alex atkins bookshelf booksIt was easy to miss in the used bookstore crammed with a maze of floor to ceiling bookshelves: a slim, little volume measuring 4.5 x 7 inches, 62 pages long, with a colorful red and blue dust jacket, titled The Little Pun Book. Back in 1960, it sold for $1. Naturally, I rescued it from its forlorn and dusty existence. The book, featuring puns collected by Robert Margolin, was published in 1960by the Peter Pauper Press of Mount Vernon, New York. Peter Pauper Press, established in 1928, is a small publisher of finely bound letterpress books that featured slipcovers and illustrations by acclaimed artists. Some of the press’s finest books were published between 1930-1950s, however, it continues to print children’s books, journals, calendars, and holiday cards to this day.

Instead of a foreword or introduction, the book begins with a quote attributed to English writer Samuel Johnson (1709-1784), considered the most distinguished man of letters in English history, largely for his publication of the A Dictionary of the English Language (1755):

I should be punished
For every pun I shed:
Do not leave a puny shred
Of my punish head!

Puns are supposed to be timeless; you be the judge. Here are some notable highlights:

The explorer came down from the North Pole; when he reached the last Lapp he knew he was at the Finnish line.

A nudist is one who suffers from clothestrophobia.

When the principal asked the teacher how long she planned to teach school, she replied, “From here to maternity.”

A good masseur leaves no stern untoned.

An ass can never be a horse, but he can be a mayor.

The electric chair is period furniture. It ends a sentence.

A fad is in one era and out the other.

There was a knock at the hospital-room door. “Who goes there,” said the patient, “friend or enema?”

A room full of married people is empty because there isn’t a single person in it.

When a group of cattle were put in Sputnik, it became the herd shot round the world.

A prominent Turk got an audience with the Sultan who said, “I don’t know your name, but your fez is familiar.”

An anthologist is one who likes to spend a quiet evening raiding a good book.

Read related posts: The Best of Puns, the Worst of Puns
Top Ten Puns
Best Pi Puns

For further reading: The Little Pun Book by Robert Margolin.
https://www.peterpauper.com/company.php


Reading Is, in the Highest Sense, Exercise

alex atkins bookshelf quotationsBooks are to be call’d for, and supplied, on the assumption that the process of reading is nor a half-sleep, but, in highest sense, an exercise, a gymnast’s struggle; that the reader is to do something for himself, must be on the alert, must himself or herself construct indeed the poem, argument, history, metaphysical essay — the text furnishing the hints, the clue, the start or frame-work. Not the book needs so much to be the complete thing, but the reader of the book does. That were to make a nation of supple and athletic minds well-train’d, intuitive, used to depend on themselves, not on a few coteries of writers.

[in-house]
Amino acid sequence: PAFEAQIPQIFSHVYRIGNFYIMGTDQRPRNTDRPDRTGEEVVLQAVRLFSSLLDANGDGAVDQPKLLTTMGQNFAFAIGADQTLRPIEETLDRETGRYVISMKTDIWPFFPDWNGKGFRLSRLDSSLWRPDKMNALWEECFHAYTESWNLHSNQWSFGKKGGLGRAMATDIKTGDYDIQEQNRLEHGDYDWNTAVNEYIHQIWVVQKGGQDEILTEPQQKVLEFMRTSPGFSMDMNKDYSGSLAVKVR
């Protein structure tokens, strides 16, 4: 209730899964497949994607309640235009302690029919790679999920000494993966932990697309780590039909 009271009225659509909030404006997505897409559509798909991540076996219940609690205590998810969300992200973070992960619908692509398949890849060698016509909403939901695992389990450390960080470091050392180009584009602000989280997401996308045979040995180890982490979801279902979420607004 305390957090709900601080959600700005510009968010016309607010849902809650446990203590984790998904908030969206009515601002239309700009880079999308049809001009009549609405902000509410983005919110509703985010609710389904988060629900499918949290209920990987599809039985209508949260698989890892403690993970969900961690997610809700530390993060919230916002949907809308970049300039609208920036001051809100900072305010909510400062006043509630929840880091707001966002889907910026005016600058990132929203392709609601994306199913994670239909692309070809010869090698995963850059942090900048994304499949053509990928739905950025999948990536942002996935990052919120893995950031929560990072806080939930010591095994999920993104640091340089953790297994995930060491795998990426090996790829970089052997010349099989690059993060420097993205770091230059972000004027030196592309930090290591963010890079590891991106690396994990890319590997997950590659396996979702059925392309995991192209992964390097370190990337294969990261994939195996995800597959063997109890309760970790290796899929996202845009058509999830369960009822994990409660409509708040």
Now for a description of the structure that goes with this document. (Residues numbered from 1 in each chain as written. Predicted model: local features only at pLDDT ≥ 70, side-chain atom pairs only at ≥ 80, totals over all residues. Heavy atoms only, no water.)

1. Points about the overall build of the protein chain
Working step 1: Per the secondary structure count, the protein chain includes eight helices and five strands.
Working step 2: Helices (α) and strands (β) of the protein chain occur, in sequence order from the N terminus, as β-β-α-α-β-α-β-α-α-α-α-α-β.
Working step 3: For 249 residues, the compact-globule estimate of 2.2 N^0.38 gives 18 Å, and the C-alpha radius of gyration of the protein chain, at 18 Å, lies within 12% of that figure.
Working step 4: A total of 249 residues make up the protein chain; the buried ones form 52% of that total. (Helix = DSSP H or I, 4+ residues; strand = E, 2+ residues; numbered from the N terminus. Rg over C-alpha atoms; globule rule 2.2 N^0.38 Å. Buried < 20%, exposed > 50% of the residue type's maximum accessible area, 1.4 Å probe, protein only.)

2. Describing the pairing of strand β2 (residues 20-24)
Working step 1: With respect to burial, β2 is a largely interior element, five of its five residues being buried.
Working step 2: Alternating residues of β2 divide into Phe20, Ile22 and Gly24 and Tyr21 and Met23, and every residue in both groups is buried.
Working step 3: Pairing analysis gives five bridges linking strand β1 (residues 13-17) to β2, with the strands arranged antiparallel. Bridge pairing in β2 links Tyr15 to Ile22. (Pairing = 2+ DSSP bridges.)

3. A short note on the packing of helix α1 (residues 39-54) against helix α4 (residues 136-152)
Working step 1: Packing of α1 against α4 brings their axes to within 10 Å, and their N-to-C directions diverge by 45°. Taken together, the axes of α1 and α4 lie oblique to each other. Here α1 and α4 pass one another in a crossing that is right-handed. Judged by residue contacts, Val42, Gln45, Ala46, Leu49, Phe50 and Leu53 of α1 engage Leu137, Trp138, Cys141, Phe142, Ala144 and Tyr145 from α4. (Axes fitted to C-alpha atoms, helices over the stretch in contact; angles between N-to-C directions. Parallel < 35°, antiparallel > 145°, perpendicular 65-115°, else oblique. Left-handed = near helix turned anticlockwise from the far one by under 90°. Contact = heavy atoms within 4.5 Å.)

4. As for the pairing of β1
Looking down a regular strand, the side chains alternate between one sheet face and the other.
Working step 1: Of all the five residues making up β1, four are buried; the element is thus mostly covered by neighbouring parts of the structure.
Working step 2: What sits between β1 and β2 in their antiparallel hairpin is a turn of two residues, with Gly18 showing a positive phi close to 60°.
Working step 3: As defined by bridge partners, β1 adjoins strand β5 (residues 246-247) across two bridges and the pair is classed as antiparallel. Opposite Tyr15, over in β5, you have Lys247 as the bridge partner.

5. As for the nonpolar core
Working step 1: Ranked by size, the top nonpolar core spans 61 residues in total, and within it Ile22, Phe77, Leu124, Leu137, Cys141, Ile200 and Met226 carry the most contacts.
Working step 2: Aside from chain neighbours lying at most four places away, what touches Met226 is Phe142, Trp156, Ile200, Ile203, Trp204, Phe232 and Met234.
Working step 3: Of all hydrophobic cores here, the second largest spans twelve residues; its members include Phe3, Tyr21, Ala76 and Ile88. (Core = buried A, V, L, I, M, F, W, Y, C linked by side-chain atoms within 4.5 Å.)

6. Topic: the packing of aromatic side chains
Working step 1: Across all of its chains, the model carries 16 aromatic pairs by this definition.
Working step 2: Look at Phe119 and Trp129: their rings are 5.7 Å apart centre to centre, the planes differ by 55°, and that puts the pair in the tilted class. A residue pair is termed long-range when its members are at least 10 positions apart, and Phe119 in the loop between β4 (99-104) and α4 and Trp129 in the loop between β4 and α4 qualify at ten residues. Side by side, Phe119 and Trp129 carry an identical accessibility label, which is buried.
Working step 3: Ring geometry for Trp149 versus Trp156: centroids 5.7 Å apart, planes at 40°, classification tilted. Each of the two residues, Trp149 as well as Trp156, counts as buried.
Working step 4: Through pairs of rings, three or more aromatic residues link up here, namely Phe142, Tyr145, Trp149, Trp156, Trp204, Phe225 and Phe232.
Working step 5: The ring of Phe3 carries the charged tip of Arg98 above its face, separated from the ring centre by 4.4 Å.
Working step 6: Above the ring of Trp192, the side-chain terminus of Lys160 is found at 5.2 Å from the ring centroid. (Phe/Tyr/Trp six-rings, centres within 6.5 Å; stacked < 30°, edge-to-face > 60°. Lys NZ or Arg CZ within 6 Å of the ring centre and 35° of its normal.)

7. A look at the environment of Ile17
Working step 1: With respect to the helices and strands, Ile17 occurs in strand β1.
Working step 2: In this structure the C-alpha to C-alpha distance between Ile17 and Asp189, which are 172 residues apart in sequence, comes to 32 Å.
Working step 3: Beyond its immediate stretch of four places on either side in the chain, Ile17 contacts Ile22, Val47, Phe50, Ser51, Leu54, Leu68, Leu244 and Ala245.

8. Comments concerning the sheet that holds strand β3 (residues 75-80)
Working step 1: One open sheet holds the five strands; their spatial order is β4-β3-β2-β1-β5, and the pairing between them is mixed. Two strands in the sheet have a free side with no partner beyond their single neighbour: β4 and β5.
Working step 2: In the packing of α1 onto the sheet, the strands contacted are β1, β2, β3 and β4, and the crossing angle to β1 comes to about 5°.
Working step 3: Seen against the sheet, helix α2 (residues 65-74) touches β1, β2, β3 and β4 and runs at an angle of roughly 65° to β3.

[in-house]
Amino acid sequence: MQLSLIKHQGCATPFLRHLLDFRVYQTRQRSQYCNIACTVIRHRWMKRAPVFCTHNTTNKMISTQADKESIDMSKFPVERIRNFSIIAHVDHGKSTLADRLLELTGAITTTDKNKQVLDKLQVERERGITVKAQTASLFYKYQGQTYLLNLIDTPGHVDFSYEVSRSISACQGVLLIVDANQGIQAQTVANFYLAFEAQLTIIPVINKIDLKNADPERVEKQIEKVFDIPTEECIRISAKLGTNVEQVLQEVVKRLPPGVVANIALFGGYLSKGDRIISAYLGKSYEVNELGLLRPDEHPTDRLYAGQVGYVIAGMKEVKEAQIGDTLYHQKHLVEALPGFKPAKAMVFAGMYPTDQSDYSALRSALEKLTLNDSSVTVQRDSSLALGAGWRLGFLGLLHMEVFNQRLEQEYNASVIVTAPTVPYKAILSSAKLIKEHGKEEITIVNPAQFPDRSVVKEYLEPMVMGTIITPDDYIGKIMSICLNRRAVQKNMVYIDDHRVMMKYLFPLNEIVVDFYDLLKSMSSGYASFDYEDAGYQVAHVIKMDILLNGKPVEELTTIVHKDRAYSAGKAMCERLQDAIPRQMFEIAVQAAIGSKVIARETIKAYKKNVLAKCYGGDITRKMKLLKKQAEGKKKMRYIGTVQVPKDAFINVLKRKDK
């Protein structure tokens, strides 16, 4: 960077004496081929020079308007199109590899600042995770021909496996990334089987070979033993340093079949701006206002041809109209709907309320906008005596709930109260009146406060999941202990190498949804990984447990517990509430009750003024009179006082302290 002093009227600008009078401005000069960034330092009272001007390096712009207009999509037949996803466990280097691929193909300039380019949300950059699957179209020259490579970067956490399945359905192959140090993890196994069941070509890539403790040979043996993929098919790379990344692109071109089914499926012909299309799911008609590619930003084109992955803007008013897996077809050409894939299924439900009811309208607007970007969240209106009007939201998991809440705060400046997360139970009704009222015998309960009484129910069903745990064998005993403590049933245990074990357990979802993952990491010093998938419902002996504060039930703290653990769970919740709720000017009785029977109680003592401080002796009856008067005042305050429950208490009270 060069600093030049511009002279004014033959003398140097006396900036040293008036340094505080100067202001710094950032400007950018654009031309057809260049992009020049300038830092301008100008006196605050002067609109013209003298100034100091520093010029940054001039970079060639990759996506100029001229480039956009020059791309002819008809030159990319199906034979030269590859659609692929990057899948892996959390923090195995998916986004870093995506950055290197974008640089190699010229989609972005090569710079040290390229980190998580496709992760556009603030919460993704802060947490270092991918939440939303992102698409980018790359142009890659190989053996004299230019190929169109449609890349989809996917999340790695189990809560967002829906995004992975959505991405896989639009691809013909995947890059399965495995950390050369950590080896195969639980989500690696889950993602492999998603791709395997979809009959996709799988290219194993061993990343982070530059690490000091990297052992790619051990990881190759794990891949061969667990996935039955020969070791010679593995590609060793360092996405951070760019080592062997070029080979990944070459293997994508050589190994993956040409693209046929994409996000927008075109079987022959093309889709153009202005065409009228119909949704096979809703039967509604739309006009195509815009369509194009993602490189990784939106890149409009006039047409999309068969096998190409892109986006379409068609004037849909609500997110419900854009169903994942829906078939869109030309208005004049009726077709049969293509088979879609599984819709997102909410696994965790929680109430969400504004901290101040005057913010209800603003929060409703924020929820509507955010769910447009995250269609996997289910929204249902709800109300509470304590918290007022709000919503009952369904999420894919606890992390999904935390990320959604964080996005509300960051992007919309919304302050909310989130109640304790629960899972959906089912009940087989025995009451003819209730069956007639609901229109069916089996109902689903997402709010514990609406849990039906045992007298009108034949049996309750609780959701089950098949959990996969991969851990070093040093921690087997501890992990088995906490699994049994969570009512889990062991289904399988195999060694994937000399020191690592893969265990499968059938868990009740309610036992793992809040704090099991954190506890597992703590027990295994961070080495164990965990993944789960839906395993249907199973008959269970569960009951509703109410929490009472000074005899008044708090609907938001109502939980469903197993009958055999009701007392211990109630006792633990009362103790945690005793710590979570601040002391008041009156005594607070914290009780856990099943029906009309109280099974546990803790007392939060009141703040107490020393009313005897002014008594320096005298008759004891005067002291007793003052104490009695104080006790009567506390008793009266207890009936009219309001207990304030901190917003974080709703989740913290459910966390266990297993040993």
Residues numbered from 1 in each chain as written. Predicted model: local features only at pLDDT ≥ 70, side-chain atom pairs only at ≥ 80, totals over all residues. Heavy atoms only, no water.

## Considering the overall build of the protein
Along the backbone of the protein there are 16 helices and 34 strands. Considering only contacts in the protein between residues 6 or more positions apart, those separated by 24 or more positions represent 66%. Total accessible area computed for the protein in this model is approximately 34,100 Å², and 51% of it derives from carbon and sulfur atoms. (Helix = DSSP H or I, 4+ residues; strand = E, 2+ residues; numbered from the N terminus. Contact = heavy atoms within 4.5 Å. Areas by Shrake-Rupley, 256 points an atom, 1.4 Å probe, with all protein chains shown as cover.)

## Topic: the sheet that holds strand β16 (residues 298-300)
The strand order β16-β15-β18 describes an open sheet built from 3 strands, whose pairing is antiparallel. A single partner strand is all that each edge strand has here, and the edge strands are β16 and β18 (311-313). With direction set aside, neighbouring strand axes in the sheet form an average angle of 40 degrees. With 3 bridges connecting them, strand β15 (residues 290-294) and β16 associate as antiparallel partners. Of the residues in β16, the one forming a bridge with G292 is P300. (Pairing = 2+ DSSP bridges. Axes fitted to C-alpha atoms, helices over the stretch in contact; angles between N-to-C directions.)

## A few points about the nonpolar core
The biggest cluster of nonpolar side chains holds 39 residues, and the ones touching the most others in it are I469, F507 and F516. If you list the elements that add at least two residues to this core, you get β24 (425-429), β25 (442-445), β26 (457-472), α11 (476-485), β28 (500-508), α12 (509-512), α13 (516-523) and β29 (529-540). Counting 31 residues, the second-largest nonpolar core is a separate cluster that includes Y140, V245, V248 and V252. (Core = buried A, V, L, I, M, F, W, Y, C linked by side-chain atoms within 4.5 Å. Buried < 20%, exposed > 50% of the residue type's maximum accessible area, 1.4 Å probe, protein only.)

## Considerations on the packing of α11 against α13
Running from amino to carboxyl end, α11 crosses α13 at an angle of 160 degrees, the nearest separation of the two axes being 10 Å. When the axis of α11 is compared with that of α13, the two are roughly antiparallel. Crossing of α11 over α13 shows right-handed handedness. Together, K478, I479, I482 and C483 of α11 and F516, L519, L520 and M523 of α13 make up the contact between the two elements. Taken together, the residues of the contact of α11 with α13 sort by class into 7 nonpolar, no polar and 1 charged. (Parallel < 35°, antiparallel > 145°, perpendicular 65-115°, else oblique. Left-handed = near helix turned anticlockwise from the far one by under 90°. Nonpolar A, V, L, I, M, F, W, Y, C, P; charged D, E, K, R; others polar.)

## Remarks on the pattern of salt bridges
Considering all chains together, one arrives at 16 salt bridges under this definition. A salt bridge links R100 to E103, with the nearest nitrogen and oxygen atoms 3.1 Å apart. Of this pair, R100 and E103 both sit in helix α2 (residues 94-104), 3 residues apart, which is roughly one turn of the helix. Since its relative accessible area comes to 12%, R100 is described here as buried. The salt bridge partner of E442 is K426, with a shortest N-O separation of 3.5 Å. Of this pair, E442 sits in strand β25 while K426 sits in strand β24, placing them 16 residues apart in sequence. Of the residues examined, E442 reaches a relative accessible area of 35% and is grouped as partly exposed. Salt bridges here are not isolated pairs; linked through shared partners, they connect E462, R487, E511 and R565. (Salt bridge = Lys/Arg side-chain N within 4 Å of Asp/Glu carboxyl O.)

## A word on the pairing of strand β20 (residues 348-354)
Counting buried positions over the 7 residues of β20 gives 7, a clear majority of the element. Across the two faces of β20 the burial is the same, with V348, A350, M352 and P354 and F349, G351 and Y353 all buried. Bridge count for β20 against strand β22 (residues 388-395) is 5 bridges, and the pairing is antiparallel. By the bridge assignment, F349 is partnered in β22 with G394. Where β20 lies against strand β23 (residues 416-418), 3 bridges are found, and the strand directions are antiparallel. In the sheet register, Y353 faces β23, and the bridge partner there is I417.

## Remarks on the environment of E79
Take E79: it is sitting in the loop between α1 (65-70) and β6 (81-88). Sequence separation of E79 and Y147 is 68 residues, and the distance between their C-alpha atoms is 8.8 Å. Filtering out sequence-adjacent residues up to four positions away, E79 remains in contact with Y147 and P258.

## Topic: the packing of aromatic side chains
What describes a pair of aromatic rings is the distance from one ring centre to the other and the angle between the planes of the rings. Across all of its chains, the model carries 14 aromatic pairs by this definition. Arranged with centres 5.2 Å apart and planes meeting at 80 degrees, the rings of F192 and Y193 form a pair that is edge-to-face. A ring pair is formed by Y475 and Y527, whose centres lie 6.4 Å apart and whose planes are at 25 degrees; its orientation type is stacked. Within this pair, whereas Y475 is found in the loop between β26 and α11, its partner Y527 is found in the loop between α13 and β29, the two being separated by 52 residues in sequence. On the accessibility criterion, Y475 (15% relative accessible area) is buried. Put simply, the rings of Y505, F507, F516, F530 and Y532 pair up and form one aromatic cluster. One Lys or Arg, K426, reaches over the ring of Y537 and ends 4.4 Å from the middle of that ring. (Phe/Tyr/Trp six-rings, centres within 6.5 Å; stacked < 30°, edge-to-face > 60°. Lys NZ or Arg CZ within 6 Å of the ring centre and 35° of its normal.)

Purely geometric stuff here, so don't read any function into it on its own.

From Prose Works of Walt Whitman (1819-1892),one of the most influential American poets, considered the father of free verse. He believed that there was s symbiotic relationship between society and the poet: “The proof of a poet is that his country absorbs him as affectionately as he has absorbed it.” His seminal work, Leaves of Grass, published in 1855, celebrates nature and man’s relationship to it. Whitman was known for his unfettered experience of nature: he was an unabashed nudist and greatly enjoyed sunbathing in the nude.


Confessions of a Bibliophile: J. Kevin Graffagnino

alex atkins bookshelf booksAs with most human passions, there is disagreement over whether booklovers are born or made. For my part, I can only say that I can’t remember a time when I wasn’t a biblio­phile. I grew up surrounded by books. When I was a boy in Montpelier, Vermont, in the 1960s, our house contained somewhere around 1,000 books — then (and now, I suppose) considerably more than the average for an American home. My family’s “library” was an eclectic, unplanned mix of subjects and titles. Thirty years later, I can remember concentrations in European and American history, dozens of beautifully printed Limited Editions Club volumes from the 1930s to the 1950s, various impressive but impenetrable classics from the Everyman Library series, and an assortment of mod­ern literature, economics, biography, and philosophy. Even though there was almost nothing specifically aimed at chil­dren, beginning at about the age of nine or ten I still managed to fill many happy hours at home reading books I was too young to understand, plowing cover-to-cover through a near-complete run of American Heritage, and mining the tissue-thin pages of the eleventh edition of the Encyclopedia Britannica for arcane, out-of-date information to include in school papers and assignments. The absence of television — we were the only family I knew in Montpelier that didn’t own a TV — may well have steered me toward books for entertainment, but I don’t recall any particular sense of deprivation over having to substitute books for the delights of My Three Sons, Bonanza and The Man from U.N.C.L.E.

From Only in Books: Writers, Readers, and Bibliophiles on Their Passion by J. Kevin Graffagnino. Graffagnino is director of the library at the State Historical Society of Wisconsin.


Books are Magic Doors

alex atkins bookshelf quotationsBooks are, indeed, “Magic Doors” through which one can walk into innumerable wonderful worlds. The desirable thing — if chance has not solved the matter for us — is to enter first through the door which attracts us personally. The book to start with is the book which will cause the most intense mental excitement and leave an indelible impression that books can be alive. The individual should begin with those books which deal with subjects or people or places which exercise some strong attraction on his curiosity.

American journalist Jesse Lee Bennett (1885-1931) from What Books Can Do For You: A Sketch Map of the Frontiers of Knowledge (1923)

For further reading: https://babel.hathitrust.org/cgi/pt?id=uc1.$b658756;view=1up;seq=34